Introduction to Air Pressure (Part I)
What is air pressure?
Air has weight. Air pressure is the weight of the column of air above a horizontal surface of unit area (e.g. one square metre). The column of air extends to the top of the atmosphere. As we go up and reach a higher altitude, the pressure is lower because the column of air is reduced.
The pressure at point X is the weight of the column of air above the horizontal surface of unit area.
How to measure air pressure?
Mercury barometer and aneroid barometer are commonly used to measure air pressure. The principle of the mercury barometer is illustrated in the following figure. The height of the mercury column AB will vary according to the air pressure. The higher the air pressure, the greater will be the height of the mercury column. By measuring the height of the column AB, the air pressure at the base of the column can be determined.
The air pressure is determined by the height of mercury column.
An aneroid barometer consists of a disk-shaped capsule made of a thin metal membrane. The capsule is partially evacuated of air. Changes in atmospheric pressure change the size of the capsule, which in turn moves an ink pointer. In this way, pressure changes are recorded continuously as the pointer moves over a rotating drum.
Nowadays, digital barometer is commonly used because it is portable and accurate. An electrical capacitor in it is used to measure the change in air pressure.
Why is bad weather usually associated with low pressure and good weather with high pressure?
In an area of low pressure, air from neighbouring areas (which are of higher pressure) moves in. It has nowhere to go but up. Upward movement of air causes condensation of water vapour, leading to the development of cloud and rain. Hence, a low pressure area usually associated with bad weather. In contrast, in an area of high pressure, the air at low levels spreads outward and air descends from aloft. Downward motion warms up the air and is favourable for evaporation. Hence, a high pressure area usually has fine and dry weather.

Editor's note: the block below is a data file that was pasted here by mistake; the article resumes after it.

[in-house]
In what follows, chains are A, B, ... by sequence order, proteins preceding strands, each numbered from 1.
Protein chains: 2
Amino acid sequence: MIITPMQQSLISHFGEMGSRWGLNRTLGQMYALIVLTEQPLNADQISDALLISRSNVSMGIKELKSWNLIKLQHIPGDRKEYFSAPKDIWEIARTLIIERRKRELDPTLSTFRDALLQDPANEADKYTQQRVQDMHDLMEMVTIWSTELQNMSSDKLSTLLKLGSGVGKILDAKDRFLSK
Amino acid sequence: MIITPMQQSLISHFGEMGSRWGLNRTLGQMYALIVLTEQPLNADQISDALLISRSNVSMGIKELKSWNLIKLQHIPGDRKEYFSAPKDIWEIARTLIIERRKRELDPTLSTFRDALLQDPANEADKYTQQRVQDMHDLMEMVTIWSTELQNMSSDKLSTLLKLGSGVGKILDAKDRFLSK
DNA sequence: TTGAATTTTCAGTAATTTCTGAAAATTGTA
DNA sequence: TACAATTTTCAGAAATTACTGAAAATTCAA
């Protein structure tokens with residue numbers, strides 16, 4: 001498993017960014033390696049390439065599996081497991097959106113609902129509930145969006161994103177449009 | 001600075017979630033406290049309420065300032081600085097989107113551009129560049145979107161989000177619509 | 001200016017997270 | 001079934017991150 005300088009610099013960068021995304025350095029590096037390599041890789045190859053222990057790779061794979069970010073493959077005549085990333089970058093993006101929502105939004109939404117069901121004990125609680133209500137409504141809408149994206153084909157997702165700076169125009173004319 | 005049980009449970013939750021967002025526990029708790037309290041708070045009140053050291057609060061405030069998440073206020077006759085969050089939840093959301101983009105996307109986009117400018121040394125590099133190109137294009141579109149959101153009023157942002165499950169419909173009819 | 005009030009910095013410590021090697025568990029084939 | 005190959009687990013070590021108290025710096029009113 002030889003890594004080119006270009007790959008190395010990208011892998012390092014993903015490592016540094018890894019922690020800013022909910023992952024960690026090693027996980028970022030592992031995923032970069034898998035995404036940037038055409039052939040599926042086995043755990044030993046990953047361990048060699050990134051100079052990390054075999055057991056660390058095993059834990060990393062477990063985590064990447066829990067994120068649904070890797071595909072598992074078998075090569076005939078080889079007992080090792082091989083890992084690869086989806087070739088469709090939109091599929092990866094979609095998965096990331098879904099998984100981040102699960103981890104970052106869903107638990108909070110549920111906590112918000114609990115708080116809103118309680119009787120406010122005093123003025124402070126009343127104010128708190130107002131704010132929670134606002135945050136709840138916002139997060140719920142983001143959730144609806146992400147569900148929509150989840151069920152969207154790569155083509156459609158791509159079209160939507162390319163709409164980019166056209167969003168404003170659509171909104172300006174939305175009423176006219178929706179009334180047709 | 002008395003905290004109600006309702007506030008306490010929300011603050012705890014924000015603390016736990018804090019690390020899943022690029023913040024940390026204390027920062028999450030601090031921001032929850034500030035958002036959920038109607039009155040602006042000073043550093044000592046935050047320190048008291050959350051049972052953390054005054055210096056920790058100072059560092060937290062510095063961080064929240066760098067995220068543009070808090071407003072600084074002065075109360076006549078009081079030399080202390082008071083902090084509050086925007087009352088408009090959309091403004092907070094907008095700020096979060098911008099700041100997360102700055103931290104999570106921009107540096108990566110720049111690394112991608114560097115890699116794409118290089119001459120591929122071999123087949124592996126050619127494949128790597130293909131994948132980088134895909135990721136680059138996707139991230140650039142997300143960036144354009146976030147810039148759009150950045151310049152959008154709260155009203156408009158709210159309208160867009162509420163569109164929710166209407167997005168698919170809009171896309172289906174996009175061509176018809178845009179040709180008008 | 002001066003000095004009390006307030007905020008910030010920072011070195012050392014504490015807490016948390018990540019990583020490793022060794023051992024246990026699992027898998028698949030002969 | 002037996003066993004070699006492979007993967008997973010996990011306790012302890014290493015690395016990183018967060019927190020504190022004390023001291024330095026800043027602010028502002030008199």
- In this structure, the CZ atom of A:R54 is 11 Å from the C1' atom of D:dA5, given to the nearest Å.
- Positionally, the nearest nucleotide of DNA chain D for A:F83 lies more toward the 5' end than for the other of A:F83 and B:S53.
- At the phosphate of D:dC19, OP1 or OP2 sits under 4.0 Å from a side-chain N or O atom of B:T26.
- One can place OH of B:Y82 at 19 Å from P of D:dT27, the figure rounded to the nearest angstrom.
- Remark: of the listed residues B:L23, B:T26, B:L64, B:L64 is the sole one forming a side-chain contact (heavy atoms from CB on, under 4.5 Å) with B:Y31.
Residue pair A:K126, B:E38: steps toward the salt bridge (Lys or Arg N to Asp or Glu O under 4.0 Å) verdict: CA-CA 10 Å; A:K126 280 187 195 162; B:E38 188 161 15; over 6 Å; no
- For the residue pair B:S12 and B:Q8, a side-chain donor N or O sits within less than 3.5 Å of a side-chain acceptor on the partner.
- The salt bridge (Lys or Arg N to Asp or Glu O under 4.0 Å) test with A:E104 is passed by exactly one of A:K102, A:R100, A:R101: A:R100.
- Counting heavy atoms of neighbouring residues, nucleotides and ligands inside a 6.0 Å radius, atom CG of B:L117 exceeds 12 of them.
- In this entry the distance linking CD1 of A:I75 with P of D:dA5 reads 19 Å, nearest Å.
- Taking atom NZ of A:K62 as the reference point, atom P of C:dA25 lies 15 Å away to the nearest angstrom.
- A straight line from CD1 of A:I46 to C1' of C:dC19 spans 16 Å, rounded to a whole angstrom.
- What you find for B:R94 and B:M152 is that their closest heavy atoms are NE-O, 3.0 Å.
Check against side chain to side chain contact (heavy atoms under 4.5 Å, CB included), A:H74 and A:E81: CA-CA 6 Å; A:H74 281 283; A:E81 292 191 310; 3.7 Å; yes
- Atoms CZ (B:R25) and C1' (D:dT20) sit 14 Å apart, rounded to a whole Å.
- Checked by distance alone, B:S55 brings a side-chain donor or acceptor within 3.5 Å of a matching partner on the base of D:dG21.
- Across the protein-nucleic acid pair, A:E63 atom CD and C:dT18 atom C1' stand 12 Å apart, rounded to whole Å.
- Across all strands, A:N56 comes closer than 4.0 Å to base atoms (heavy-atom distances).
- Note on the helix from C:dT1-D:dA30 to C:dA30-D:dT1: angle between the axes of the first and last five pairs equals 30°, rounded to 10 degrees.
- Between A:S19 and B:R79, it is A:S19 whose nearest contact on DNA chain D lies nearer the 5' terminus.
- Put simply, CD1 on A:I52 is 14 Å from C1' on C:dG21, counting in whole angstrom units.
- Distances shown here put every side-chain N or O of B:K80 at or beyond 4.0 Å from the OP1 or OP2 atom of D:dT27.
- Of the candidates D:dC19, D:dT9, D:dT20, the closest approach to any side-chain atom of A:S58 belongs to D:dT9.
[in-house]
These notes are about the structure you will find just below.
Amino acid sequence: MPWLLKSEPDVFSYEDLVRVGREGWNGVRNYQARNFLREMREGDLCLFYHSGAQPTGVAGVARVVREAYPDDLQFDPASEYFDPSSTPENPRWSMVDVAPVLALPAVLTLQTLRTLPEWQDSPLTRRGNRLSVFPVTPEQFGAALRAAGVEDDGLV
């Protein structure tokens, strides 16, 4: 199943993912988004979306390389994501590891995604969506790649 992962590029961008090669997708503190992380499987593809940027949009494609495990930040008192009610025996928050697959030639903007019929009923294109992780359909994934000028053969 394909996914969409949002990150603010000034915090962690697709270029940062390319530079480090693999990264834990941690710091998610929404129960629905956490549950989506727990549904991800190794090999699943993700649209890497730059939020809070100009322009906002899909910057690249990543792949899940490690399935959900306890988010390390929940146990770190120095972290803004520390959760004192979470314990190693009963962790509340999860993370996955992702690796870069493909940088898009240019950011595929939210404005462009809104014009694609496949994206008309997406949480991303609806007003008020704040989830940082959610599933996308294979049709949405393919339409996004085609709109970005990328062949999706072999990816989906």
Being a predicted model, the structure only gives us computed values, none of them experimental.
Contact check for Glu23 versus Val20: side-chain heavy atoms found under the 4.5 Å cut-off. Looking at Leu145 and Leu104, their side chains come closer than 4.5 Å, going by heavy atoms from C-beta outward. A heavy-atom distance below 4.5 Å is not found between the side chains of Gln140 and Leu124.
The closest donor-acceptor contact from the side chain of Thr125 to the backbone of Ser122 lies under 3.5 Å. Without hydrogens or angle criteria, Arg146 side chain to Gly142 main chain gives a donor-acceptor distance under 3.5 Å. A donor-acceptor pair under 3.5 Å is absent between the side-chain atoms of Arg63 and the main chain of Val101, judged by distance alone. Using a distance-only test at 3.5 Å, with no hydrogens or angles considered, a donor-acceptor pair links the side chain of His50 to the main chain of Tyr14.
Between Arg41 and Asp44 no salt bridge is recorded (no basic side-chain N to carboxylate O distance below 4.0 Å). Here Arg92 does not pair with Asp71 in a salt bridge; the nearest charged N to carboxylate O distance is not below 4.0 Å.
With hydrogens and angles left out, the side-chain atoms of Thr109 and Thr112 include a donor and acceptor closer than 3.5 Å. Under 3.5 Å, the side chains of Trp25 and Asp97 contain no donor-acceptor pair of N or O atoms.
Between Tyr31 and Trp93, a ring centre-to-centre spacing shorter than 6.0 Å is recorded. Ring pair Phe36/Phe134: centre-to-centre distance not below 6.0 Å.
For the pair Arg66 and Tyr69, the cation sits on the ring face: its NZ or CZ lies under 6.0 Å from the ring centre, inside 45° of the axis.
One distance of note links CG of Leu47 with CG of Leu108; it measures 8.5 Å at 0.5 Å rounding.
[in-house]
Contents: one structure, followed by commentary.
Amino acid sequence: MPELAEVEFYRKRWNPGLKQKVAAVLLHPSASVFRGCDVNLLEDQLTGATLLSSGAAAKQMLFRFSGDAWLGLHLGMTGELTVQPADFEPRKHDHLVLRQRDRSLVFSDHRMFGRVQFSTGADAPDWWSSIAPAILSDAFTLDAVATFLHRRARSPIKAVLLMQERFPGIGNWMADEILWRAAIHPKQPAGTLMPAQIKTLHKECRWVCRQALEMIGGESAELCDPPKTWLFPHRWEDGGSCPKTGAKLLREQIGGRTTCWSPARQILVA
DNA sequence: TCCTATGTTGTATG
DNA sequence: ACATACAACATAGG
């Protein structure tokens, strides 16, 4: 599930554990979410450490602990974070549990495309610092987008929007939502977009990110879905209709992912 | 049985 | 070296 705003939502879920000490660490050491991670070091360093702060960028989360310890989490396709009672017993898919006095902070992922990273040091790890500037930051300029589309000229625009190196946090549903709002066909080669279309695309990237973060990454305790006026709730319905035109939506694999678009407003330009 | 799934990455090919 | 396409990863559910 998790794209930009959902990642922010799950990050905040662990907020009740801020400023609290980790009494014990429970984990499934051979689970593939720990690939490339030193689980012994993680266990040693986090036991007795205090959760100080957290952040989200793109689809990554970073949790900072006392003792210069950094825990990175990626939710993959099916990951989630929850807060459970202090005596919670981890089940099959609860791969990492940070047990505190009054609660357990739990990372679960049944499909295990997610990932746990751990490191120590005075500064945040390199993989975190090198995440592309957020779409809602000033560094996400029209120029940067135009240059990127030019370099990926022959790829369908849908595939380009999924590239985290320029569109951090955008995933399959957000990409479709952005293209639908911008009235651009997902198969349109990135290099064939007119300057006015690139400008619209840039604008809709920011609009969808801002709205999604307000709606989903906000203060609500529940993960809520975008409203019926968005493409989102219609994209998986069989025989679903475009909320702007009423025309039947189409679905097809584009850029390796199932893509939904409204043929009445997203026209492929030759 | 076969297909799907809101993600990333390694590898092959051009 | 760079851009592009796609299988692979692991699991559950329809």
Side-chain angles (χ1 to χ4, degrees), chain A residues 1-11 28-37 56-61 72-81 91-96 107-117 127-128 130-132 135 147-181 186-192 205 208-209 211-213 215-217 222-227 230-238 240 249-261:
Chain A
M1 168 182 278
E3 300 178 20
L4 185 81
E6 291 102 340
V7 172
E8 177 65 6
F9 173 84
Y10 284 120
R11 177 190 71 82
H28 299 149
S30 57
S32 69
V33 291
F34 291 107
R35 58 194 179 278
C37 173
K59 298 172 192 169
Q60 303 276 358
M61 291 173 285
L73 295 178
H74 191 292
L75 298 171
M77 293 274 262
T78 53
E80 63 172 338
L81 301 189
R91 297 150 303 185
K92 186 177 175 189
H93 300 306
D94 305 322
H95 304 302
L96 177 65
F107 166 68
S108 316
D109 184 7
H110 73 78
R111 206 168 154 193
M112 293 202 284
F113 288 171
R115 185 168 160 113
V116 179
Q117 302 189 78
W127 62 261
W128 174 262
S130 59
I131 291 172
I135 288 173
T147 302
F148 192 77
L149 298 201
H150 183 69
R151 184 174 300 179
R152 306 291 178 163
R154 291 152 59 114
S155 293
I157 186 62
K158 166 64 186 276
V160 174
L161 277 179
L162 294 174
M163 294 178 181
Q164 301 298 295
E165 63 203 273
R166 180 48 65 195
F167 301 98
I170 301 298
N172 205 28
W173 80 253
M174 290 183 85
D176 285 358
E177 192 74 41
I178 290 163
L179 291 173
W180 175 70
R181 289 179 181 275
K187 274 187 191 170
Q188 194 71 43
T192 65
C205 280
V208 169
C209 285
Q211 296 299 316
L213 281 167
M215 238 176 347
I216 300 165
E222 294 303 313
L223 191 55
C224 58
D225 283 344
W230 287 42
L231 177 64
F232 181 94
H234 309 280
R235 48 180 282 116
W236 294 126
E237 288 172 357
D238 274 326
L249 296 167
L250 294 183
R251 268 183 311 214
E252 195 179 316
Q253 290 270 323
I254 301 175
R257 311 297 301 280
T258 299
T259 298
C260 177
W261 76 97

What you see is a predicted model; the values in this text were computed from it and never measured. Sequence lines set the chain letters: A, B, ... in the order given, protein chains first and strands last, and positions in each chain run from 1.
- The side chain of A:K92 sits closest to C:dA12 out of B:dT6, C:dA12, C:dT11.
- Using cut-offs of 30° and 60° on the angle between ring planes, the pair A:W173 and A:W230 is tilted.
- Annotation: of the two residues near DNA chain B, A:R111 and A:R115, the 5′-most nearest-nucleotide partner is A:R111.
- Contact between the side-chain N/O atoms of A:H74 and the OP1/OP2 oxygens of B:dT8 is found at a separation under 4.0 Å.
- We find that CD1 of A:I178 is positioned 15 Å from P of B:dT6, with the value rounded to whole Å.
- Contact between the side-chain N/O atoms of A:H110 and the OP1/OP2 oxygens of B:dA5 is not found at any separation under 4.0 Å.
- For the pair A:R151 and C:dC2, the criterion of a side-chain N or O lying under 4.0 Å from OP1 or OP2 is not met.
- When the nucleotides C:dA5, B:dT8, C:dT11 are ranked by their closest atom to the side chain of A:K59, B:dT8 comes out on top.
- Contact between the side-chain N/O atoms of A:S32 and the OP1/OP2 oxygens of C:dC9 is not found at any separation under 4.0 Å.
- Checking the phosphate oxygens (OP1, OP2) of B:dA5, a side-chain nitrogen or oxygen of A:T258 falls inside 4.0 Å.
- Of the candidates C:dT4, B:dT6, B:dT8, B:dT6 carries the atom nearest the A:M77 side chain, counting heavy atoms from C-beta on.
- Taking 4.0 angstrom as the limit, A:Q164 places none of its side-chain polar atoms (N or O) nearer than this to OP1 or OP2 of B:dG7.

Air descends in high pressure area and rises in low pressure area.
What is the unit of pressure?
Pascal (Pa) is the international standard unit for pressure. The meteorological community uses hecto-Pascal (hPa) as the unit of pressure. It is the same as 1 millibar, a unit of pressure no longer used nowadays.
How do we compare the pressure measured at different locations?
To compare pressure readings taken at different locations, it is convenient to convert them to a common level, e.g. the sea level. The conversion takes account of a number of factors which affect the weight of air (e.g. temperature, gravity of the Earth). We shall talk about this in greater detail in Part II.